Furthermore, we consistently found that the hypericin uptake in RIF-1 tumours was about twice as high as in R1 tumours. Since this difference cannot be accounted for by a dissimilar tumour perfusion, we investigated the permeability of the tumour vessels involved.
Extravasation of plasma constituents by means of convective currents across the microvascular wall originates from the incomplete or totally missing endothelial lining of the rapidly formed vessels in tumours growing beyond a mass of 106 cells (Feng et al, 2000; Hashizume et al, 2000; Kuszyk et al, 2001). Since Evans blue accumulated more in RIF-1 than in R1 tumours over a large tumour weight range, it could be concluded that the larger amount of marker extravasated in RIF-1 tumours was due to an increased permeability of the tumour vessels. Hence, it is likely that the relatively low leakiness of the R1 tumour vessels explains the lower uptake of hypericin in R1 as compared to RIF-1 tumours. A similar correlation between tumoral photosensitiser uptake and tumour vessel permeability has been reported before (Roberts and Hasan, 1993).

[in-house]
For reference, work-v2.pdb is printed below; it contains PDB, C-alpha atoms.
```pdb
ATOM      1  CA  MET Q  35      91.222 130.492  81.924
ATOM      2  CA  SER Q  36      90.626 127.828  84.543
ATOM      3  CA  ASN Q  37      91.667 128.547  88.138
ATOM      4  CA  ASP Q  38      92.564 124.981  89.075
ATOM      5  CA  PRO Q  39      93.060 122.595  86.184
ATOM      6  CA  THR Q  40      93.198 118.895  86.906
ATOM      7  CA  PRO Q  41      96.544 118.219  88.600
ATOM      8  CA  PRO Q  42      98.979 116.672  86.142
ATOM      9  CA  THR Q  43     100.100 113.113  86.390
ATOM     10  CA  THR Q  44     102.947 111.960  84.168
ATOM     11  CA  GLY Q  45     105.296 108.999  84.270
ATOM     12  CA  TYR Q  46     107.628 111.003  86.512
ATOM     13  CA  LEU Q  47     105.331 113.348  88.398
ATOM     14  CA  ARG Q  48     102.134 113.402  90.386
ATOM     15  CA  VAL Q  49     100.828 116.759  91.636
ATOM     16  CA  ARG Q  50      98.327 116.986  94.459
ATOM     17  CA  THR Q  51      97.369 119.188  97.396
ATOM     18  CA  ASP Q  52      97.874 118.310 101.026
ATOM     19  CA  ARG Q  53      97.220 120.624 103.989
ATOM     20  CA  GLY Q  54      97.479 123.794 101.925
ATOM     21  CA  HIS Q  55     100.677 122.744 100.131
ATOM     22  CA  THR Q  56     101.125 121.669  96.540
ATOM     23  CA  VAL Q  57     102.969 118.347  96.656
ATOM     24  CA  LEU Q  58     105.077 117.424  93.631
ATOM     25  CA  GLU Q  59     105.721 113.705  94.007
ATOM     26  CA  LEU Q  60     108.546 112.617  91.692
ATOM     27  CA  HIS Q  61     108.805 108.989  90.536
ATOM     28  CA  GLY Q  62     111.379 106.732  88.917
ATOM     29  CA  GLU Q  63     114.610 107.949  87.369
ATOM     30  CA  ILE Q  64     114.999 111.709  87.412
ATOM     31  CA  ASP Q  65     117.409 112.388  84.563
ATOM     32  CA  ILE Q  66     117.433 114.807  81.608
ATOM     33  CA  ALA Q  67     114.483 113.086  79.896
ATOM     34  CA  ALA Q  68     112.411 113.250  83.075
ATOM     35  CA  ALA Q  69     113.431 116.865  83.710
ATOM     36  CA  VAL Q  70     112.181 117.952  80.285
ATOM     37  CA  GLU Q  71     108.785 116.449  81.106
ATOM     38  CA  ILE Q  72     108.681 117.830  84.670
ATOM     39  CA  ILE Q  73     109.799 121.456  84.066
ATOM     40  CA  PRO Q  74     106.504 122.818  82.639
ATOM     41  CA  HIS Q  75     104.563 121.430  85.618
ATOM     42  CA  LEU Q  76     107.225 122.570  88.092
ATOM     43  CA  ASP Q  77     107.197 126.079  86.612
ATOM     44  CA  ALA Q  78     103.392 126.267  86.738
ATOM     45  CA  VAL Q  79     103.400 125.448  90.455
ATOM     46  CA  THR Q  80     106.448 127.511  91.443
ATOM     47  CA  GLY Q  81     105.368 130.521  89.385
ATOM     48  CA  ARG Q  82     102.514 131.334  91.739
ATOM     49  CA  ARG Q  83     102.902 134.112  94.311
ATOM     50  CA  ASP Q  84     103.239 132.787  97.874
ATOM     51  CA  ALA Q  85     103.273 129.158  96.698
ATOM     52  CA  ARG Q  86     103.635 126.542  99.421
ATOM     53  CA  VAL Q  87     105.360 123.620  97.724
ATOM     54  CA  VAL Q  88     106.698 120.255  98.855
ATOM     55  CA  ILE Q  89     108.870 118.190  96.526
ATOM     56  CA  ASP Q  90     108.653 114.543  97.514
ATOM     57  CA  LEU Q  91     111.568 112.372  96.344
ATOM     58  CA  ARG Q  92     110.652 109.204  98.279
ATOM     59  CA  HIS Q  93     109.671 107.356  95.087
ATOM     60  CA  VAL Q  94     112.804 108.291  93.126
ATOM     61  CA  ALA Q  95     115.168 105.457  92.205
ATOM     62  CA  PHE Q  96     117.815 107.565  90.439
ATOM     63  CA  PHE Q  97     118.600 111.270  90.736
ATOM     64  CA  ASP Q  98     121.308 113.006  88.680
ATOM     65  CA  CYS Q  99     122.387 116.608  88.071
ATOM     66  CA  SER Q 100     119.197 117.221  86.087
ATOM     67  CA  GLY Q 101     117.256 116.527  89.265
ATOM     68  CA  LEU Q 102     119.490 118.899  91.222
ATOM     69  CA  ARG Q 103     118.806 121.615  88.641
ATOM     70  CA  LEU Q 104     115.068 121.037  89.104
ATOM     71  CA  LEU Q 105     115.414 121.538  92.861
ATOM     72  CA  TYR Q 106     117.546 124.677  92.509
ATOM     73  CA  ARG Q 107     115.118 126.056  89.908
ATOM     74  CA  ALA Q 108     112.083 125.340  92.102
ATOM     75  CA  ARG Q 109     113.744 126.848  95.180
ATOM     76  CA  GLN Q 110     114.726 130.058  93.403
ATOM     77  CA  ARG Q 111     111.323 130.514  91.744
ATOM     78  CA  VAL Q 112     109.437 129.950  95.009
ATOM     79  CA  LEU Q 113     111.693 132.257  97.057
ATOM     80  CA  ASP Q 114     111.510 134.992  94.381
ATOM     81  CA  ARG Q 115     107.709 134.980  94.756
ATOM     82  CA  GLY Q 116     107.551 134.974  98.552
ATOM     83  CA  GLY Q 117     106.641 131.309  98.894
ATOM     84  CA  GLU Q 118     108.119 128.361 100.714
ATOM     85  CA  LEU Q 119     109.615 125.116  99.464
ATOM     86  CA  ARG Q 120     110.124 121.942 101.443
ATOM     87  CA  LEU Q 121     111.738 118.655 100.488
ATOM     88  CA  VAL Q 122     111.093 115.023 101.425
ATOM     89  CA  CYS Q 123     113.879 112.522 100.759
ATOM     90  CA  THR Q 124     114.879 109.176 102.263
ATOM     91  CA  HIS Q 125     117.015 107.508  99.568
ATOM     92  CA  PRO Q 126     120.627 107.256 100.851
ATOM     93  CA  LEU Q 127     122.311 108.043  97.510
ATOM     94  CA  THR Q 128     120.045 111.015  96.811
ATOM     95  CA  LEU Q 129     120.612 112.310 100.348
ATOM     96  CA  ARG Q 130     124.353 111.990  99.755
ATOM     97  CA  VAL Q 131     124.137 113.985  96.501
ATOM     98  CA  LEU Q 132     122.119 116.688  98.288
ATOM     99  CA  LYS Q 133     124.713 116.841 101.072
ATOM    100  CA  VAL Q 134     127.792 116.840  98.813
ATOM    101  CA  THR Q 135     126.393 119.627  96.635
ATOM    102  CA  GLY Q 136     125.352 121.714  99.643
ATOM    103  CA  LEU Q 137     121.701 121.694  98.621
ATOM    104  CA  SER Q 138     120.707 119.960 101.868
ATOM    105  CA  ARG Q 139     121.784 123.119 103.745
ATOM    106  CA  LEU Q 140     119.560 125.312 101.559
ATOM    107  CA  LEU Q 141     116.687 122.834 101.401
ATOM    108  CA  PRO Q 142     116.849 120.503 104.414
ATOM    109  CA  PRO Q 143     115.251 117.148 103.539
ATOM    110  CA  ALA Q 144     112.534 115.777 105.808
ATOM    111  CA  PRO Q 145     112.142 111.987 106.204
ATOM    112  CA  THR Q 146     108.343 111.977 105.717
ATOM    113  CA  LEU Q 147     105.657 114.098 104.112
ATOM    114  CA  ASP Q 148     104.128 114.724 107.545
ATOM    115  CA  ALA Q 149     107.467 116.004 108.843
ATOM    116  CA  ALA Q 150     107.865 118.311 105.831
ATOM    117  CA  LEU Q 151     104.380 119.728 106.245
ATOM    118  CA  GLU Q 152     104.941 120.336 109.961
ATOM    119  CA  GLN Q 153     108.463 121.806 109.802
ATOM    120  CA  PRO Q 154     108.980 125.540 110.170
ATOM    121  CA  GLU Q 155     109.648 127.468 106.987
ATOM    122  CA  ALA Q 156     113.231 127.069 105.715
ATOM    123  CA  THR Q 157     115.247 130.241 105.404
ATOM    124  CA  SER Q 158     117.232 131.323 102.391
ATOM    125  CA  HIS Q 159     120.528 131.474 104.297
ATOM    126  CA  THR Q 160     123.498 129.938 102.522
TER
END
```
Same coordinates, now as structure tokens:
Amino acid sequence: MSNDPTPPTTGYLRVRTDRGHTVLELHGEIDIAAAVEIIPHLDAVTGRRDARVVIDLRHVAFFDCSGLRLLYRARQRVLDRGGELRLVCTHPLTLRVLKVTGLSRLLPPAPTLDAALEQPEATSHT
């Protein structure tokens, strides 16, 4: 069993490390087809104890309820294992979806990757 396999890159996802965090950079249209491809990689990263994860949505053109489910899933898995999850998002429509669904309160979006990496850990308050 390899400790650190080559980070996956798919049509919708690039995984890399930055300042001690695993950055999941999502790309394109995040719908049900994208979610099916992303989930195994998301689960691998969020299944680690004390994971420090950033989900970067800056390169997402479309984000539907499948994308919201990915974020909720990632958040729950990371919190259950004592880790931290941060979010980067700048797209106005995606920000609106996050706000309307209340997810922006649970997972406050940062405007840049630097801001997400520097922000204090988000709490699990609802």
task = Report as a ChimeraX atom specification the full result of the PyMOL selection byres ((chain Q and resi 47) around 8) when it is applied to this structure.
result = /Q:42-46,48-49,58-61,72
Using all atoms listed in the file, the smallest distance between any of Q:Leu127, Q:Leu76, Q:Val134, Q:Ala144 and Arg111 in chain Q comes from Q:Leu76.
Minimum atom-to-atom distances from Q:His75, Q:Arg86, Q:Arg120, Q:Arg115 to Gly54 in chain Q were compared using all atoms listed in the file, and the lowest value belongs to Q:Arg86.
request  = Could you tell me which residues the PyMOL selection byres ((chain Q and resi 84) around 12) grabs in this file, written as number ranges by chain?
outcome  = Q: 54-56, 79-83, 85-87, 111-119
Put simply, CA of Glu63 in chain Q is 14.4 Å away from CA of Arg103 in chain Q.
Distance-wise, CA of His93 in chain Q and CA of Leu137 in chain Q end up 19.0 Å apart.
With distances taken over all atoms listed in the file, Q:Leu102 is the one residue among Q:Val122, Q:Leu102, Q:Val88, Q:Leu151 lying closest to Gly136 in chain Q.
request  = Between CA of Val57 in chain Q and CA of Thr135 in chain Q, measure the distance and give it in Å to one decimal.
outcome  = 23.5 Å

Importantly, it was reported that hypericin binds to human lipoproteins at high molar ratios (up to 467 and 14 moles per 104 Da of low-density lipoproteins (LDL) and high-density lipoproteins (HDL), respectively) (Lavie et al, 1995b). In contrast to human plasma, mouse plasma contains a high HDL/LDL ratio (Kessel and Woodburn, 1993), so that mainly the hypericin–HDL complex is formed in the bloodstream of mice (results not shown). Once extravasated, the lipoproteins tagged with numerous hypericin molecules become embedded in the tumour interstitial fluid. At this stage, the hypericin–lipoprotein complexes can follow two routes leading to hypericin uptake and accumulation in tumour cells. Firstly, hypericin can comigrate with the lipoprotein microparticles throughout the interstitial space, followed by receptor-mediated intracellular uptake. Of importance here, a correlation exists between the extent of association of some classes of photosensitisers with LDL and their efficiency of tumour targeting (Jori and Reddi, 1993). Alternatively, after collision of the microparticles with interstitial proteins or tumour cell membranes, hypericin can be released from the lipoprotein complex, followed by a lipoprotein-independent diffusion and intracellular uptake of the compound. A similar in vitro cellular uptake of hypericin in serum-free conditions has been documented (Siboni et al, 2002).